Wednesday, September 10, 2014

Sparkling wines of the Limoux AOC (Aube, Languedoc)

Sparkling wine production in France can be placed into four broad categories:
  1. Champagne -- King of the hill. Reserved for sparkling wines produced within the delimited area of the Champagne wine region.
  2. Crémant -- sparkling wine made using the méthode traditionelle. Wines in this category include Crémant de Loire, Crémant d'Alsace,  Crémant de Bourgogne, Crémant de Bordeaux, Crémant de Die, and the newly minted Crémant de Savoie. These wines have to adhere to the following restrictions:
    1. Harvested by hand within set production quotas
    2. Whole-bunch pressed
    3. Sulfur dioxide use limited
    4. > 9 months on lees
    5. About half the carbon of Champagne
    6. Submitted to a QC tasting panel for approval
  3. Méthode Ancestrale -- wines are generally bottled with residual sugar. Effervescence gained via refermentation (or continued fermentation) in the bottle.
  4. All others -- sparkling wines made in any of the available sparkling wine production methods to the exclusion of the Méthode Ancestrale.
Limoux AOC has the distinction of being one of only four AOCs (the others are Die, Gaillac, and Bugey Cerdon) to produce a sparkling wine in each of the available categories (keeping in mind that Champagne production is impossible for producers outside of the region). Limoux AOC sparkling wine production encompasses Crémant de Limoux, Blanquette de Limoux, and Blanquette de Limoux Méthode Ancestrale (The term Blanquette stems from the Mauzac variety developing a white down on its leaves.). I have written previously of the terroir of the region and will discuss the wines in the remainder of this post.

Crémant de Limoux gained its AOC status in in 1990. The primary grapes are Chardonnay and Chenin Blanc which, together, should not exceed 90% of the blend. Chardonnay must be a minimum 40% of the blend while Chenin Blanc can range between 20% and 40%. The secondary grapes in the blend are Mauzac Blanc and Pinot Noir with the latter limited to a max of 20%. A total of 620 ha is devoted to the production of grapes for this wine. Crémant de Limoux offers up aromas of white flowers, citrus, and toast. This wine spends 12 months on the lees plus three months post-disgorgement in bottle prior to sale. Alcohol level post-dosage is at 13%. Annual production is 24,745 hl.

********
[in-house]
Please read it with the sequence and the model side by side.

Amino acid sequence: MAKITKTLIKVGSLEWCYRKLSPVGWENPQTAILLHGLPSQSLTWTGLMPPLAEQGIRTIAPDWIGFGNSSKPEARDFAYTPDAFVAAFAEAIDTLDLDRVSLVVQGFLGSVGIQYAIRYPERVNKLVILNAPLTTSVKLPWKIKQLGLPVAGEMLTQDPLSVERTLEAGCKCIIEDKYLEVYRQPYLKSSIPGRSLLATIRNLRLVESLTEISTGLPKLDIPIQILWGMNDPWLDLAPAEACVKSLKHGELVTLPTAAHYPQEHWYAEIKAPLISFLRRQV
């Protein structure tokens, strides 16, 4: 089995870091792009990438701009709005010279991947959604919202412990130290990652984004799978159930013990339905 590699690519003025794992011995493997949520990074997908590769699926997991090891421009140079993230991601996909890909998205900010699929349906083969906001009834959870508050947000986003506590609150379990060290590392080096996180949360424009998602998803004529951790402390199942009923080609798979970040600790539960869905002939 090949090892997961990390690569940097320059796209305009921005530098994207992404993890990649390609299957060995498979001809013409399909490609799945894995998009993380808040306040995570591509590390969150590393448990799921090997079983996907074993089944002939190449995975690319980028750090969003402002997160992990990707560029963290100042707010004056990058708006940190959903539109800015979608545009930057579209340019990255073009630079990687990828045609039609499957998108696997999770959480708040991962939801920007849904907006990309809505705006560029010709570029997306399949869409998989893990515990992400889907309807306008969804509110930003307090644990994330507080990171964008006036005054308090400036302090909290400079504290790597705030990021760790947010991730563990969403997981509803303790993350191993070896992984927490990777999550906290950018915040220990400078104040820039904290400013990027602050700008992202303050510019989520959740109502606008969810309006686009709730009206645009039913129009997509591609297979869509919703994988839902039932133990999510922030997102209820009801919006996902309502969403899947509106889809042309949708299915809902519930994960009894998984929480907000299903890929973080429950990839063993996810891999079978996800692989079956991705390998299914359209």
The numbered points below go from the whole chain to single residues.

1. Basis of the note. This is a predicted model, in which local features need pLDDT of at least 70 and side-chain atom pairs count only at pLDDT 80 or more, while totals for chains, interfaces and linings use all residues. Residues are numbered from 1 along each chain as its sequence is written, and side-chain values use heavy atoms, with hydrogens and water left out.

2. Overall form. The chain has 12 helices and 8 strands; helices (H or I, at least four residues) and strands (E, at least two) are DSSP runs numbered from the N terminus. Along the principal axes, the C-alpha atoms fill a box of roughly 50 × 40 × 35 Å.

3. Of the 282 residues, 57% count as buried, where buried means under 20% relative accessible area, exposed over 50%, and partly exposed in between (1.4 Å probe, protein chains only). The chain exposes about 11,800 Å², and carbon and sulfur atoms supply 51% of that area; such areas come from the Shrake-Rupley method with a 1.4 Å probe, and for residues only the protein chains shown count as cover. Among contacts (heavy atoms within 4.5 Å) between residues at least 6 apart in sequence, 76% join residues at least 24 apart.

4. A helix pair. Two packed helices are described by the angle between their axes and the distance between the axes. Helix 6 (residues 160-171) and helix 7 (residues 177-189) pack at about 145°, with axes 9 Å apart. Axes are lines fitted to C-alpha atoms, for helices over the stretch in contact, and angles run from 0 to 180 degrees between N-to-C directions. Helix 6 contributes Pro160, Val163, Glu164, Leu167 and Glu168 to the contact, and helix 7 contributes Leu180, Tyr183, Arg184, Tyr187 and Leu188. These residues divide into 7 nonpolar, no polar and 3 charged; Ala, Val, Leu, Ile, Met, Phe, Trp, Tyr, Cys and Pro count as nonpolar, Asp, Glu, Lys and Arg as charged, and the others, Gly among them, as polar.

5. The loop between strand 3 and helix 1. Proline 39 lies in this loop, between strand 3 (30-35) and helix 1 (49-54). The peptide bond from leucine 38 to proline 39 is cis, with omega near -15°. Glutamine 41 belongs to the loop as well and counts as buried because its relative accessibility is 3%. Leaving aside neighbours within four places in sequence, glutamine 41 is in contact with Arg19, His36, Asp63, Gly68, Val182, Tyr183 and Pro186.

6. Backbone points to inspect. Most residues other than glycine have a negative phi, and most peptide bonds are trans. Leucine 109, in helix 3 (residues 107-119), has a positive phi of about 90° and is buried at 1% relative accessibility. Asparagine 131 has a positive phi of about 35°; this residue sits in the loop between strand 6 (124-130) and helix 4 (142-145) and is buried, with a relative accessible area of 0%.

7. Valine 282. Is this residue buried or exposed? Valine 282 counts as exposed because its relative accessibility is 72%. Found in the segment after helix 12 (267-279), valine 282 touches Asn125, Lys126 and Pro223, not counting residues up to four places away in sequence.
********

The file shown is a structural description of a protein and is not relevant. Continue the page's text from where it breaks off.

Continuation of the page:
Blanquette de Limoux is produced from Mauzac (90%), Chenin Blanc, and Chardonnay varieties planted over an 1100-ha area on the tops of south-facing slopes. These wines are produced using the Champagne method and spend 9 months on lees and three months in bottle post-disgorgement. The 48,000 hl of wine produced attain alcohol levels of 13%. The wines are produced in Brut, demi-sec, doux, and sweet styles. Aromas are evocative of fruits, spring flowers, apple, and honey.

Méthode Ancestrale sparkling wine -- awarded AOC status in 1938 -- is produced from 100% Mauzac grapes whose partially fermented juice is bottled on a full moon in March. Fermentation concludes in the bottle, producing a wine that is higher in residual sugar, lower in alcohol, and less effervescent than its compatriots. Alcohol levels for this wine is around 7%. Aroma and flavors include apricot, acacia, hawthorne, peach, and apple. Production levels are 4000 hl annually.

©Wine -- Mise en abyme

Monday, September 8, 2014

Limoux AOC: Creation of a sparkling wine terroir

Absent the "skullduggery" of Friar Dom, Limoux would have been the world's bubbly of choice. Because, according to the region's boosters, sparkling wine production was developed therein 150 years before its introduction in Champagne. Furthermore, Dom Perignon had been hosted at the Monastery at St. Hilaire (in Limoux) where he learned the production method that he later introduced as his own. Bubbly production in Limoux today does not approach Champagne in volume or quality but the region is certified to produce three AOC sparkling wines: Cremant de Limoux, Blanquette de Limoux, and Blanquette Method Ancestrale.

Limoux is located in the Aude departement of Languedoc-Roussillon, 100 kilometers west of the Mediterranean Sea between the Chalabra and Lacamp plateaus to the west and east, respectively, and hard-up against the foothills of the Pyrénées-Orientales to its south.

Languedoc-Roussillon. Source:

The Aude wine region. Source:
Communes of Limoux winemaking. Source:

Limoux, though close to the Mediterranean -- and subject to its effects -- has three distinct "climatic terroirs," as reflected by the grapes grown therein. Areas to the east of Limoux experience a warm climate and annual rainfall of 650 mm/year. Sugar levels accumulate rapidly necessitating harvest-initiation here. Areas west of Limoux are affected by the Atlantic and experience the highest rainfall -- 780 mm/yr -- and a humid climate. Mediterranrean effects do penetrate to this region periodically. The Auton terroir is located in the heart of the appellation on the slopes surrounding Limoux. This terroir is sheltered from Atlantic and Mediterranean effects by the the surrounding Corbières and Chalabrais Mountains. The climate is warm and dry with cool nights and rainfall of 570 mm/year. This is the second area harvested. The fourth climate zone is referred to as the terroir of the Upper Valley. It is located up the river Aude in the foothills of the Pyrenees above 300 m elevation. The weather is wetter and cooler -- rainfall of 750 mm-- with a late spring and cool fall.